When the race did get away again – on lap 26 – it was brief indeed, for Alonso and Button touched as Jenson tried to pass on the inside of a right-hander, and the Ferrari spun over the kerb, and was instantly beached. Safety car once more – and for Alonso no points from a race of which he had had such high expectations. As Button made his way to the pits to replace a punctured tyre, it was announced that the incident – like countless others on this day – was ‘under investigation by the stewards’.

Conditions remained extremely treacherous, and clearly they brought out the best in Schumacher, who was turning in the best performance of his unhappy ‘second career’. On lap 42 Michael passed Webber, and proceeded to close up on Kobayashi and Massa, who were scrapping over second place.

Unlike most drivers Kamui, at the time the race was red-flagged, had not yet made a tyre stop, which meant that he (and both the Renault drivers) effectively got the stop free, the tyre changing being done during the enforced break. He drove a typically spirited race in Montreal, but when at one point he moved to cover a move by Massa the effect was to slow both of them – and Schumacher, close at hand, took the opportunity to snick by into second place! Michael perhaps on the podium again…in the Mercedes pit they could barely contain their excitement.

By lap 56, with 14 to the flag, Vettel led comfortably from Schumacher, who was fending off Webber, then Button, Kobayashi, Heidfeld and Massa. Out of the second turn Heidfeld ran into the back of Kobayashi’s Sauber, and damaged his front wing – which then broke violently enough to lift the front wheels from the ground: the Renault pitched into a wall, and out came the safety car again

It was this incident which was to change the outcome of the race – and there was something else, too. The rules prohibit the use of DRS (the opening rear wing) in the wet, but now the track – or at least a ‘line’ round the track – was swiftly drying out, and everyone was on slicks. One wondered if and when Charlie Whiting would use his discretion to enable DRS again. It would not be long.

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As before, Vettel charged away again on the restart, and looked firmly set on another 25 points. Within a couple of laps he was three seconds clear, but then, as he admitted later, he took it perhaps a little too conservatively – and perhaps reckoned without the effect of DRS on some of those behind him.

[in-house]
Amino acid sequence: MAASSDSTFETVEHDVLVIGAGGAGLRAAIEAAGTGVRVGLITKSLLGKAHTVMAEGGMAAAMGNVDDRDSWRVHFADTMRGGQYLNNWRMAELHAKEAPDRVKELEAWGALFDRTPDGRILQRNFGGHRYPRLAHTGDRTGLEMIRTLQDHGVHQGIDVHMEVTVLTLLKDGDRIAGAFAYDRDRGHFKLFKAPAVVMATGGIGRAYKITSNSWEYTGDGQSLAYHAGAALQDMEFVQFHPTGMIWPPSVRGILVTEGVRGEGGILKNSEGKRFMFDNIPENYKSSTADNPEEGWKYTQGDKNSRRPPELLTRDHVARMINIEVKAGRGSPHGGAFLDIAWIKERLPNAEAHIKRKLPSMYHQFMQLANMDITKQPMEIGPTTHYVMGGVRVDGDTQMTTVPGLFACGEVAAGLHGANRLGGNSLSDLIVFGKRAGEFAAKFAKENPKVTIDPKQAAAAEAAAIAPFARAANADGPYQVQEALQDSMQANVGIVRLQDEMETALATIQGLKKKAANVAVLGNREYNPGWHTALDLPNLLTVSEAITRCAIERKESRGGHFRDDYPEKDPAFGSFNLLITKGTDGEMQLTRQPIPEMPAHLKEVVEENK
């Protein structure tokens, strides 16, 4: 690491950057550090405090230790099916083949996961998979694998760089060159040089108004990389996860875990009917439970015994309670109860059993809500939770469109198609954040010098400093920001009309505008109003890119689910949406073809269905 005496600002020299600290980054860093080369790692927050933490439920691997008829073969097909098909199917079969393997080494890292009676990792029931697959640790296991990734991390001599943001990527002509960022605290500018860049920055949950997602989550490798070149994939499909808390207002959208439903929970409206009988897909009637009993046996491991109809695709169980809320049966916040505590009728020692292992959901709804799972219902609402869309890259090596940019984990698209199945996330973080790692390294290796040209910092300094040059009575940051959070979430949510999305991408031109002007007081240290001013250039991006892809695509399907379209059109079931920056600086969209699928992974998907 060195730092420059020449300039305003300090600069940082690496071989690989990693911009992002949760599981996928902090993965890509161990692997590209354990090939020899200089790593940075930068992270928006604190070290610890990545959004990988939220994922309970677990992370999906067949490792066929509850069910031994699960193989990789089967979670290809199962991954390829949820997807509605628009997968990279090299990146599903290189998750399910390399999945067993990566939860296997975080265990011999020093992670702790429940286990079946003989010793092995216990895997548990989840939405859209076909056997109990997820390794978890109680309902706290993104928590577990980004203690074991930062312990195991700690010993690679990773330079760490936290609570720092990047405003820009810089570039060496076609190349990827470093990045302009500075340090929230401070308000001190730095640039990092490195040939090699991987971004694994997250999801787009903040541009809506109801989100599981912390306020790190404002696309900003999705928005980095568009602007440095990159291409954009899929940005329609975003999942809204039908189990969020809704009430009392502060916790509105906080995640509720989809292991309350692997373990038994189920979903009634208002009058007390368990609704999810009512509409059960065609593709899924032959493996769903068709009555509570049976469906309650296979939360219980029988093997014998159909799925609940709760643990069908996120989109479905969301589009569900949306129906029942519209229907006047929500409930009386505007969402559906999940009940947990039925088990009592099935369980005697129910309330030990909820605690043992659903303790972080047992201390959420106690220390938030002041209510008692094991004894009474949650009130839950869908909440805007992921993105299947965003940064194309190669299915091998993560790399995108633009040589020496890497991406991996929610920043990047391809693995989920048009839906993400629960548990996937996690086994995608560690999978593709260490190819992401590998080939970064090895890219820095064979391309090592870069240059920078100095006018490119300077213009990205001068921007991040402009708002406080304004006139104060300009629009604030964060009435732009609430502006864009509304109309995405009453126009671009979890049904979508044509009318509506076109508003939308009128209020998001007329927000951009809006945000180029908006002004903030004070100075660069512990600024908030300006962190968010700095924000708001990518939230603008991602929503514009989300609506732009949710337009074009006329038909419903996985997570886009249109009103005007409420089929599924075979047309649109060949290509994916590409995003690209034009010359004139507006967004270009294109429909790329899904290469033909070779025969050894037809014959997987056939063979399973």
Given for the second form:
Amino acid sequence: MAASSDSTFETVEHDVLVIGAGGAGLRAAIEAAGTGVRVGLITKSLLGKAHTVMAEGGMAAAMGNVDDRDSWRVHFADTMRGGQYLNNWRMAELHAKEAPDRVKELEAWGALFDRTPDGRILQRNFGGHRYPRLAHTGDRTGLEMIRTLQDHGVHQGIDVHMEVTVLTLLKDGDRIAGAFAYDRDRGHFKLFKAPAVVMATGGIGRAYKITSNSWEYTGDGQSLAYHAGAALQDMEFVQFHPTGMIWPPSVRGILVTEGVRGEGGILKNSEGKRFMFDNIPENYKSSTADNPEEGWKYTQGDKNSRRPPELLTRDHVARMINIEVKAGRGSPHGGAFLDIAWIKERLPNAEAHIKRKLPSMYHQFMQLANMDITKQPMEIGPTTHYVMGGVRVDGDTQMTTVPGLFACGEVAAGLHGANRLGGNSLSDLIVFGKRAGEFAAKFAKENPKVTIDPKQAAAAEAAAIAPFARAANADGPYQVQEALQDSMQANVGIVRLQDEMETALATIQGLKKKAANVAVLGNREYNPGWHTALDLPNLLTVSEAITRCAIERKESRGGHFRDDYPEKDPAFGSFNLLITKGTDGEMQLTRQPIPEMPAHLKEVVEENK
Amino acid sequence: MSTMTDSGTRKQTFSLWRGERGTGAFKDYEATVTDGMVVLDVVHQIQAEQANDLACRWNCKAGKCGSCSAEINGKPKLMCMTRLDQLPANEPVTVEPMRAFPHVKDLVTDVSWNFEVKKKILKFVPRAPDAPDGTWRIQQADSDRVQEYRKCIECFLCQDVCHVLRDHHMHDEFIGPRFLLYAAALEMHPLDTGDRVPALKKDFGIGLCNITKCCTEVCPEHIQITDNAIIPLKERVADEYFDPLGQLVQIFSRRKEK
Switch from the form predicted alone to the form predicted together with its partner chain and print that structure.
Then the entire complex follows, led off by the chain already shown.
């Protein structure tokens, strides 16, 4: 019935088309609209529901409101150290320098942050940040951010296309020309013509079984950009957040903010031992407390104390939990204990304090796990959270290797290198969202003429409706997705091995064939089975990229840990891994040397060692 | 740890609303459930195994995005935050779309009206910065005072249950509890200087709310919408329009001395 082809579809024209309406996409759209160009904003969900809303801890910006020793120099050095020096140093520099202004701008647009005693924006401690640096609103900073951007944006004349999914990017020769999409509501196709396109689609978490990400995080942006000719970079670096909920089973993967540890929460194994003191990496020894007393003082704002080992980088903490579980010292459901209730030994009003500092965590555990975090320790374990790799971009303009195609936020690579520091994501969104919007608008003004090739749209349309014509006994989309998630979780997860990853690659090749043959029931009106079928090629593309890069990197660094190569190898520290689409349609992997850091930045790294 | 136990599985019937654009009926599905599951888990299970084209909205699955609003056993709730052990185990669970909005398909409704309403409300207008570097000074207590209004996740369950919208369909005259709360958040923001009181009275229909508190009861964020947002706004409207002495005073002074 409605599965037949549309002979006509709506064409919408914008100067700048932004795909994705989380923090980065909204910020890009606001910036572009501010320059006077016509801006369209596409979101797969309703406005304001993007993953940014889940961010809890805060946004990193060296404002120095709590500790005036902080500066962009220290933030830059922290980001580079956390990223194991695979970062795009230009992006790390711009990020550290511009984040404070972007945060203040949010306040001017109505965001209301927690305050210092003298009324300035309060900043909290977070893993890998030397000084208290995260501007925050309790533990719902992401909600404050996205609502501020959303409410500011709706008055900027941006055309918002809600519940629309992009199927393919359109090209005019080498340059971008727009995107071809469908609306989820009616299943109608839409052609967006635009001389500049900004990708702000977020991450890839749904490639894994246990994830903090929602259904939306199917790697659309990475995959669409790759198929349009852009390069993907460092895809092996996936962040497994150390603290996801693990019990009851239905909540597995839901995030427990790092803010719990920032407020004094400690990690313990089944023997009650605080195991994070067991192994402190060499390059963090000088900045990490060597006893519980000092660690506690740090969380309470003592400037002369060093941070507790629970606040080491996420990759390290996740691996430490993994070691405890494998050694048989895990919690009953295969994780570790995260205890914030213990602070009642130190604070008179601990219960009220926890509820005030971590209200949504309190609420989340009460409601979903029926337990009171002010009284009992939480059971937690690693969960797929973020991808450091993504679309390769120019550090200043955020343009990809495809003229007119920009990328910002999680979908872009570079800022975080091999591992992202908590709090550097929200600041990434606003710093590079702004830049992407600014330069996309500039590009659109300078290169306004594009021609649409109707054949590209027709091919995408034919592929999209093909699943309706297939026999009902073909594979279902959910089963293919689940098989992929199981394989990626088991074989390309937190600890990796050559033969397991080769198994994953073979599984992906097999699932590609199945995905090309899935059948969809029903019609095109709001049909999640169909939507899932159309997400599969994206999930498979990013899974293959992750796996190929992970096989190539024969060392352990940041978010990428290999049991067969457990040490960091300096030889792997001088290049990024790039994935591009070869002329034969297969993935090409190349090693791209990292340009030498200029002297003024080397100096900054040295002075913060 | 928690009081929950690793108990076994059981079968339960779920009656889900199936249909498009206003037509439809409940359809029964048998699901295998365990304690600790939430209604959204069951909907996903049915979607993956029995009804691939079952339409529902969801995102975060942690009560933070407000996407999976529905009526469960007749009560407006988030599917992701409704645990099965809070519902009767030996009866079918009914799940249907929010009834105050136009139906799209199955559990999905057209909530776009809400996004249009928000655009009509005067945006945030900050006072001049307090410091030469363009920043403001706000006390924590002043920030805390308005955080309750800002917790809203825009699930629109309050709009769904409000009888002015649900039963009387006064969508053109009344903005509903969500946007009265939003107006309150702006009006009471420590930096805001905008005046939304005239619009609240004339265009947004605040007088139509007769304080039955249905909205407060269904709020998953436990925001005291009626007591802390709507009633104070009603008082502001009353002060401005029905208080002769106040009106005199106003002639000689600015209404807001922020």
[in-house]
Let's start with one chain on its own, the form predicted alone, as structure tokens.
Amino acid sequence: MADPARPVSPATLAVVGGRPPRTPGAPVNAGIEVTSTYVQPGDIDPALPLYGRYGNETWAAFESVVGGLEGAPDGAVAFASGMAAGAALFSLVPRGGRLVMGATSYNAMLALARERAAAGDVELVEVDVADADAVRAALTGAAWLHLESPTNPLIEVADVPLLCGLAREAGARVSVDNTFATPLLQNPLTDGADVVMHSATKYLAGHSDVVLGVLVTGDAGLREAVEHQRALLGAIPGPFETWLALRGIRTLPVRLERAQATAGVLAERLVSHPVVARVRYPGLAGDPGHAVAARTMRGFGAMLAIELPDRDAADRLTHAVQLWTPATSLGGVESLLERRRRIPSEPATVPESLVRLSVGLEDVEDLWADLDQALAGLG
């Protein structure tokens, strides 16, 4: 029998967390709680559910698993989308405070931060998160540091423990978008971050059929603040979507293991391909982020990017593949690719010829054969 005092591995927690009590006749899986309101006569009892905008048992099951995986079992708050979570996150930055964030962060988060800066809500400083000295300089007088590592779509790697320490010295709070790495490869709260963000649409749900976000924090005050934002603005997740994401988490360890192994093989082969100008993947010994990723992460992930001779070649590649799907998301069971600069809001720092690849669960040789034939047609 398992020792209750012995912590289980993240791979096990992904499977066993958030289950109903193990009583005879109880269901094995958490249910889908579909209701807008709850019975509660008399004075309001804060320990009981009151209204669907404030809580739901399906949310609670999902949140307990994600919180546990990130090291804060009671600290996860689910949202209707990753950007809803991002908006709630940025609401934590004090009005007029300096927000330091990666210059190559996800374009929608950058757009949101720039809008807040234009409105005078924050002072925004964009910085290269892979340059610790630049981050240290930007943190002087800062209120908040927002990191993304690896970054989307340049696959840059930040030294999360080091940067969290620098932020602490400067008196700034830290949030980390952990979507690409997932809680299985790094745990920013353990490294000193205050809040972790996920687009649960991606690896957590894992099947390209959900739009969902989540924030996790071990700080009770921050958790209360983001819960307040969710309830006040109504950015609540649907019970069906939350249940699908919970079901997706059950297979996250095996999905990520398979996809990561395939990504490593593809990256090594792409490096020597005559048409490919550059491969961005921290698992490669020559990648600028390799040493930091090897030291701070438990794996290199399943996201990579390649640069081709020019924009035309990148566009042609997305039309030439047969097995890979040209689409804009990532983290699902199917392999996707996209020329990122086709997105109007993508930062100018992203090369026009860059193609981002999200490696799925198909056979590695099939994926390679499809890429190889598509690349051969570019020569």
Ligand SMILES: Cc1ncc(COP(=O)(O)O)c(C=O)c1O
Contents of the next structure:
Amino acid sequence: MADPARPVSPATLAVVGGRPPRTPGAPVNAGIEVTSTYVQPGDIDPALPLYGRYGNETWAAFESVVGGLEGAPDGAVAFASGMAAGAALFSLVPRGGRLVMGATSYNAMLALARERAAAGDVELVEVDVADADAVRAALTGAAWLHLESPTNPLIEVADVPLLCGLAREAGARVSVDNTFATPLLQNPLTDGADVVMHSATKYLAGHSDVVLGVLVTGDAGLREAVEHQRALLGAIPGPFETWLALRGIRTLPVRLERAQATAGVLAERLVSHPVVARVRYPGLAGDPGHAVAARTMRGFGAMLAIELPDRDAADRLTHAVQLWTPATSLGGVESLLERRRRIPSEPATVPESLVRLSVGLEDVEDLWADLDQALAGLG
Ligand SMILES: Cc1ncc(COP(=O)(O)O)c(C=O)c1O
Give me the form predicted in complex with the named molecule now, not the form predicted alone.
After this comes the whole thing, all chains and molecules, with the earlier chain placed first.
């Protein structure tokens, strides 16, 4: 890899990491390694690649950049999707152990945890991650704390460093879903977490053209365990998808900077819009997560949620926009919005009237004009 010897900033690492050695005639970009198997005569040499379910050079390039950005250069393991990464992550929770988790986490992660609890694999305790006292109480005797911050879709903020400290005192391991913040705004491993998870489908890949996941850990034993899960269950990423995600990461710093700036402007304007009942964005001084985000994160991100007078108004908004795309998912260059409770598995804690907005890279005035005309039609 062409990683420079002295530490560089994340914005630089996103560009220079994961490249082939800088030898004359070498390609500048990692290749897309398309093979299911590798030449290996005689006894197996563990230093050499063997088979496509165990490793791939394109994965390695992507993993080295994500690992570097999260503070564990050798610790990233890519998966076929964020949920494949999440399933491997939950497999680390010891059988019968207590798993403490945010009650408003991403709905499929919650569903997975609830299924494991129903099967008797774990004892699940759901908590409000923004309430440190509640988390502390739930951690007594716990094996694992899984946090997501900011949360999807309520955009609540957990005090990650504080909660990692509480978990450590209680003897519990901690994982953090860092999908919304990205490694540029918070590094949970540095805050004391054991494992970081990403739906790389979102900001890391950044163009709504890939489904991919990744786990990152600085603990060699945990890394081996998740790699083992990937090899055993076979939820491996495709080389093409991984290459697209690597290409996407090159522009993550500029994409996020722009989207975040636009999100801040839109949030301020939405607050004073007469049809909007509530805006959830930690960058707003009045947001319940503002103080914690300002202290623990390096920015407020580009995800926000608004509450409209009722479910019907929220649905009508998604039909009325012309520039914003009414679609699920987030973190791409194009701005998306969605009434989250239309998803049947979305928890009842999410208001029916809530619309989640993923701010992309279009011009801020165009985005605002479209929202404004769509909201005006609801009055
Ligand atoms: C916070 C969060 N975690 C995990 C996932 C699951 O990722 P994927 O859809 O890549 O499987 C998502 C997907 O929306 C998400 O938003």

By lap 63 it was operational, and its dramatic effect – whether you like it or not – was clearly seen, for Webber, having been unable to pass Schumacher without it, now went past as if the Mercedes were parked. Immediately, though, Mark went over the final chicane, and although he had already cleared Schumacher he was concerned that he might be penalised – considered to have gained by cutting the chicane – and therefore he handed the place back to Michael. On the following lap he might have hoped to take the position for good, but instead was passed by Button, who was clearly on a charge.

“I love conditions like we had towards the end of the race,” Jenson said, “and the car was working beautifully…” On lap 65 he was 3.1 seconds behind Vettel; on lap 66 the gap was down to 1.6.

At this point we expected Sebastian simply to respond, to draw away again in the manner we have so often seen. He didn’t, though – indeed Button continued, little by little, to close.

On lap 67, with three to go, Webber got past Schumacher again, and this time made it stick, putting and end to Michael’s hopes of at last making a podium. No matter: this was consummately the best performance we have seen from him since his return, and fourth place was a good result.

Lap 68, and Vettel set the fastest lap of the race – which was instantly beaten by Button. Now the gap was an even second, so Jenson was bringing himself into DRS range of the World Championship leader. Next time round he was fractionally closer still, but not able to take a run at Seb: it would all come down to the last lap.

We expected that Button’s move would come – DRS-assisted – on the long straight at the end of the lap, but in the event he had no need of any such thing, for Vettel, responding to the pressure, got slightly off the dry line, and although he held the consequent slide it was too late to prevent the McLaren from going by. Half a lap from the end of the Canadian Grand Prix Jenson was into the lead, and there he stayed.

Jenson Button and Sebastian Vettel shake hands on the podium after the 2011 F1 canadian grand prix

A tumultuous race, you might say, in every conceivable respect. How often does a driver come through five safety car periods, six pit stops, including a ‘drive through’ penalty, a puncture, contact with (at least) two other cars – and win a Grand Prix? I can remember nothing comparable. Button admitted that luck had been with him – “I couldn’t have done it without DRS and all the safety car periods” – but perhaps the biggest slice of it came from Emerson Fittipaldi, this weekend the driver advising the stewards.

On these occasions Fittipaldi has always shown himself to be fundamentally ‘on the side of the drivers’, and not given to dishing out penalties in an era when every little incident is scrutinised. It would have been criminal to have robbed Jenson of what he referred to as ‘his sweetest victory’. This was a wonderful drive.

Vettel, it must be said, was entirely magnanimous in defeat. After the last safety car period, he said, he probably should have gone harder, built up more of a lead, but who could blame him – in this season of endless victories – for being perhaps a touch complacent? No one’s saying it, of course, but the 2011 World Championship is already effectively won.